This is the eighth post in the Pinterest Marketing series, and the second day of the 30 day Ultimate Blog Challenge. If you’re new here, perhaps stopping by as part of the challenge, and are interested in Pinterest marketing, be sure to check out the other posts in the series.
If you’ve already read the other posts in the series, you now know that Pinterest can be really helpful when it comes to increasing traffic, boosting brand awareness, and making sales.
If you’ve implemented everything you’ve learned in the series so far, now is a good time to check your Google analytics to see for yourself how many visitors are reaching your content by way of Pinterest. You may be surprised by how many visitors Pinterest is driving to your blog or website already.
Another tool you should be using to monitor your marketing efforts is Pinterest’s own analytics. This resource is invaluable when it comes to providing marketing insights. Read on to find out how to access Pinterest analytics and use them to your advantage.
About Pinterest Analytics
In order to use Pinterest analytics, you’ll first need to have a Pinterest for Business account. You’ve probably already set this up. However, if you haven’t, it’s easy to do, and really is the best profile type if you’re a blogger or online business owner.
There are three steps to follow for set up. Just create an account, confirm your site, and then give your website visitors the ability to Pin your posts easily, by making sure you have share buttons on every post and on your Pinnable images (I use the Sumo plugin for this).
Once you’re all set up you can use Pinterest analytics to check out which content your site visitors are Pinning. Simply go to your account and click on ‘Analytics’ in the top left hand corner of the screen. Pinterest analytics provides a great deal of information regarding metrics that can guide your decision-making around your marketing efforts.
Your Pinterest Analytics Dashboard
Marketing efforts are always improved when guided by solid data. Having information about your target audience demographics, their daily practices, online habits and similar information can allow you to make informed decisions regarding the ways you choose to spend your budget and time resources.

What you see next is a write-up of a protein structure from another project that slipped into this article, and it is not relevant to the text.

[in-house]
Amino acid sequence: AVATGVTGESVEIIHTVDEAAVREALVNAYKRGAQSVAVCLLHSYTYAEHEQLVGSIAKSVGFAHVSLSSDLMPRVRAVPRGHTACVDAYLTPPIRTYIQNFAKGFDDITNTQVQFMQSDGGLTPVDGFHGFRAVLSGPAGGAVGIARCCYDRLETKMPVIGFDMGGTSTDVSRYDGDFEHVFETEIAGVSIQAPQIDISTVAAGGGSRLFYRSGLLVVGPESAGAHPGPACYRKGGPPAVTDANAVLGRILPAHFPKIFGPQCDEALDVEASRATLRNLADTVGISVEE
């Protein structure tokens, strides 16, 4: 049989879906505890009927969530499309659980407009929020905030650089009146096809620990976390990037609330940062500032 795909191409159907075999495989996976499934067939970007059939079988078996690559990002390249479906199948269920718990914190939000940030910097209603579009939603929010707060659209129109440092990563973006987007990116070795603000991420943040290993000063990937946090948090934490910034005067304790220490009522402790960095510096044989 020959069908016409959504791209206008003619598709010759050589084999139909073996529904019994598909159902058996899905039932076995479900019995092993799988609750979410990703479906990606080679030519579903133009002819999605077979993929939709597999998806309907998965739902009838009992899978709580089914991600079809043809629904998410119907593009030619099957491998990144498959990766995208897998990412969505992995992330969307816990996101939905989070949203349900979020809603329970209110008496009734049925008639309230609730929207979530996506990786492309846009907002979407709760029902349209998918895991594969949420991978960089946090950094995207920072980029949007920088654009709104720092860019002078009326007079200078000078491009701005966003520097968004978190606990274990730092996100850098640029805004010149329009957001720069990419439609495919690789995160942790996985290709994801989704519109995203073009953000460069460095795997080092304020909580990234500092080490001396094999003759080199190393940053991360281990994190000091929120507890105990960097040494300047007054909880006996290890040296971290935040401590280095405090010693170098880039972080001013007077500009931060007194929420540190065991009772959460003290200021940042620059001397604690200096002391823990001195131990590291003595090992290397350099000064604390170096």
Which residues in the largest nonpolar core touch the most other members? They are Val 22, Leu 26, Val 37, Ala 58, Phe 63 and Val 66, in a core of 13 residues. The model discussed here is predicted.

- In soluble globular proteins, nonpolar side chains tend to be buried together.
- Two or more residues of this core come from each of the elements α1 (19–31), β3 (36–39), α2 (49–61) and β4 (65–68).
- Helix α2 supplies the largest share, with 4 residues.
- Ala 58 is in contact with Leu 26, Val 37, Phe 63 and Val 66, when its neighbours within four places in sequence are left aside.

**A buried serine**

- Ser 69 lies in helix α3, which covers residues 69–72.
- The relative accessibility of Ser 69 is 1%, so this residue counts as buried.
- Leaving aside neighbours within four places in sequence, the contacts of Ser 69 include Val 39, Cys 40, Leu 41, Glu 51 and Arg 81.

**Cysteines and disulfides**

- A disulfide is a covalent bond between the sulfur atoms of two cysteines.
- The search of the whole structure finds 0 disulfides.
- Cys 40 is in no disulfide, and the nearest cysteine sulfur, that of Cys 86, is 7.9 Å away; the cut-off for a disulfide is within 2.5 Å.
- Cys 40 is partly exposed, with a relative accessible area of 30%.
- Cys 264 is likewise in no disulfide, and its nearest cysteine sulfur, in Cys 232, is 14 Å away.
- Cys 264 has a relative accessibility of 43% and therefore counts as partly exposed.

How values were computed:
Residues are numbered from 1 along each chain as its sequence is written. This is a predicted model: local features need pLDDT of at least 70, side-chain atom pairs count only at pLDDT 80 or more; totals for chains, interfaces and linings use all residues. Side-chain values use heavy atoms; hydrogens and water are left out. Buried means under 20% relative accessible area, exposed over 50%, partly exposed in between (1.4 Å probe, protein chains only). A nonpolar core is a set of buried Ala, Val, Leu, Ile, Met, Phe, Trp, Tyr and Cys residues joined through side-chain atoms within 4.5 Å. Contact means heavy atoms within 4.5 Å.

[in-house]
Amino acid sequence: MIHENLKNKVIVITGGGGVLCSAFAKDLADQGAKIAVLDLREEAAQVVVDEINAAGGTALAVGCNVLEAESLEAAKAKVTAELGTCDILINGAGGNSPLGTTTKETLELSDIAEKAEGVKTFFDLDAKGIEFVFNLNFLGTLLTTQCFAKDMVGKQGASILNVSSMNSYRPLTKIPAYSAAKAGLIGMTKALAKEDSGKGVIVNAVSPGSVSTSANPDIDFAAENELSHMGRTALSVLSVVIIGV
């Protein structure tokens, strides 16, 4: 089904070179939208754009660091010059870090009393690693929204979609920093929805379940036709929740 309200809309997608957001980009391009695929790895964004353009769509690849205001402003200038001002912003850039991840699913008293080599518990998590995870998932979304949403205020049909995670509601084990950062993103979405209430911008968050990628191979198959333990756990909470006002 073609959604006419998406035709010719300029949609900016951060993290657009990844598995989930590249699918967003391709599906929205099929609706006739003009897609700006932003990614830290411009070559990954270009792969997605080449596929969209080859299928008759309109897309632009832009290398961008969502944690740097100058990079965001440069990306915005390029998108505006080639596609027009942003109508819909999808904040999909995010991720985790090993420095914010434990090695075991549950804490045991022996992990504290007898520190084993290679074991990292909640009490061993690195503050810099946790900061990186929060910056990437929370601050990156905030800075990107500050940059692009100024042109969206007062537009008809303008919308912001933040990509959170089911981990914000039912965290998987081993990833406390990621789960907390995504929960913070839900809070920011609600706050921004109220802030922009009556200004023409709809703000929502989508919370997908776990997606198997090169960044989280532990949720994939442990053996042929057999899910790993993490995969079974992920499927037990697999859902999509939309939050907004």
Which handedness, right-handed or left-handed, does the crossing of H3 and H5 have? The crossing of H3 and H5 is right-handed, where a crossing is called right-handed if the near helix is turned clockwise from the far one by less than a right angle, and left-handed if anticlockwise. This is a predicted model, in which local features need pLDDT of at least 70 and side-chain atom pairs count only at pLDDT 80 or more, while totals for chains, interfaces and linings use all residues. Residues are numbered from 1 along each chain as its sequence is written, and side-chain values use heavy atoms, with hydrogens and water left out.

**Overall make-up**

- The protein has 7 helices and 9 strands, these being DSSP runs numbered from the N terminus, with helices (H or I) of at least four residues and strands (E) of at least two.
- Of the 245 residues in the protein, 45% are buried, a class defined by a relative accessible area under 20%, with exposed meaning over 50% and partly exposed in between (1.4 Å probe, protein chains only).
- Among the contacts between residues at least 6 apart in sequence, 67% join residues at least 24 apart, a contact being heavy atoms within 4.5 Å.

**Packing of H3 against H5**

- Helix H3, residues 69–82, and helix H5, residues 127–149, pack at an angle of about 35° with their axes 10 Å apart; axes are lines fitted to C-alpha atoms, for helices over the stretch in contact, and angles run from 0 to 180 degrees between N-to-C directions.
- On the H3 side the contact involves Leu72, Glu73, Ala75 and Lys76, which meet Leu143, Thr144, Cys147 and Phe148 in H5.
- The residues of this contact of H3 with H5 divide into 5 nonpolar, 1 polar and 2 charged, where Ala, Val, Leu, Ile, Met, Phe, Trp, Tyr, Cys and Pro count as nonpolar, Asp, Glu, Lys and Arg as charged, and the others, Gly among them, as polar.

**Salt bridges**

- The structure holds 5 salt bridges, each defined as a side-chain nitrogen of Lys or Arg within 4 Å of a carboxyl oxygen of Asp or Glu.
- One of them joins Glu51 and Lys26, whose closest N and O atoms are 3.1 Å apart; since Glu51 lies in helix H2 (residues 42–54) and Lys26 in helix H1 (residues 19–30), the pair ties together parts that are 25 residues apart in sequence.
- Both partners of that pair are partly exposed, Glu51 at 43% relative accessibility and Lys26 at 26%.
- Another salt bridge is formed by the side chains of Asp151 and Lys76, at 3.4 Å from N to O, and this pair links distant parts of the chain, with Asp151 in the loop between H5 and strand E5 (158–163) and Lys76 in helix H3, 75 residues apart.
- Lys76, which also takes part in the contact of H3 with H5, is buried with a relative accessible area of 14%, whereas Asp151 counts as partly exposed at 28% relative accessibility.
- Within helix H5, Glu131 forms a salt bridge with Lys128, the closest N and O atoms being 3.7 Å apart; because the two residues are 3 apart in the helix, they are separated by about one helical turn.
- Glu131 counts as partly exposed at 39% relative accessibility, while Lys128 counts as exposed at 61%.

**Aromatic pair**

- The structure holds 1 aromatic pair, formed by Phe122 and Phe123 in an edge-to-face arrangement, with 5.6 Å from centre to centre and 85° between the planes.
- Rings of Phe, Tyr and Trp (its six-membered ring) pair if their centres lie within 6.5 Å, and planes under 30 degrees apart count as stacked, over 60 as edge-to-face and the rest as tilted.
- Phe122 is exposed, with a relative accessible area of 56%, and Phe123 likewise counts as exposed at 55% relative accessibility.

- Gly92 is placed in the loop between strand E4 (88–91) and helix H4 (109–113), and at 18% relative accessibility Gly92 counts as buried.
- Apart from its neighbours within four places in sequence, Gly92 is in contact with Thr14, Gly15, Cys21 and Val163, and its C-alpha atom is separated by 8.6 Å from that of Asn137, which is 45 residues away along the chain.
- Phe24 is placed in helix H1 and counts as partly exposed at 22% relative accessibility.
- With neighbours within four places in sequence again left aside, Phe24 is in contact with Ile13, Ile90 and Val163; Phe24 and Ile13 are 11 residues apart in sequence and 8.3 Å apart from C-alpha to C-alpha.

The information found in your Pinterest analytics dashboard is definitely an asset when it comes to making the best use of this platform. Here you’ll be able to see the past 30 days’ worth of your top clicks, saves, and Pin impressions, as well as information on your audience, such as location and basic demographics.
You’ll also be able to see your average number of daily viewers and impressions, along with the boards with the highest number of RePins and impressions. You definitely want to use these metrics to your advantage.
How to Use Pinterest Analytics Data
All of these numbers and stats can seem confusing at first. However, if you break it down, you’ll soon be able to see patterns that can be useful in determining your next move.
It’s a good idea to start by taking a look at what’s currently working for you. Find your Pins that have the highest number of RePins. What do they have in common? Take notes, listing anything that strikes you regarding this content. See if you notice common topic themes, image formats, or other characteristics that stand out. Then make a plan to begin testing future Pins with these characteristics.
Look at which boards get the most engagement and RePins, including all your group boards. I noticed a lot more traffic coming in when I started using group boards, but digging around in my analytics helped me see exactly which boards were sending most of that traffic, so I could ensure I was Pinning to those regularly.
After assessing what’s working, consider what could be improved upon. Evaluate Pins with high engagement, but little follow through. These are your highly RePinned content with few click-throughs. Consider what you might do to entice users to click through to your website. Sometimes a simple call to action on your Pin image or in your description will do the trick. You may also be able to add coupon codes, the promise of a free content upgrade, or other incentives. Conduct some testing to see what works.
As you can see, the information provided through Pinterest analytics does require strategy and work on your part, if you want to really leverage the data provided and optimise those Pins. But with practice and creativity, you can expect to see significant growth in your traffic and (if your site is well-monetized) your revenue, based on your efforts.
There is a lot more information on Pinterest analytics in the Pindepth Advanced online course, which is where I learned everything I needed to know about Pinterest marketing. It includes four hours of video training, actionable workbooks, a private Facebook group, and a ton of bonuses (including two bonus courses, Content That Converts and The Subscriber Rush). Plus, you get lifetime access. Every time Pinterest rolls out new stuff, more information is added to the course, so you’re constantly updated. Check out the details here.
I’d love you to connect with me on Pinterest. And just click here if you’d like to get a free printable workbook and other goodies to help you run your online biz, along with other free tips and tools. Don’t forget to stop by tomorrow for the next post in the series.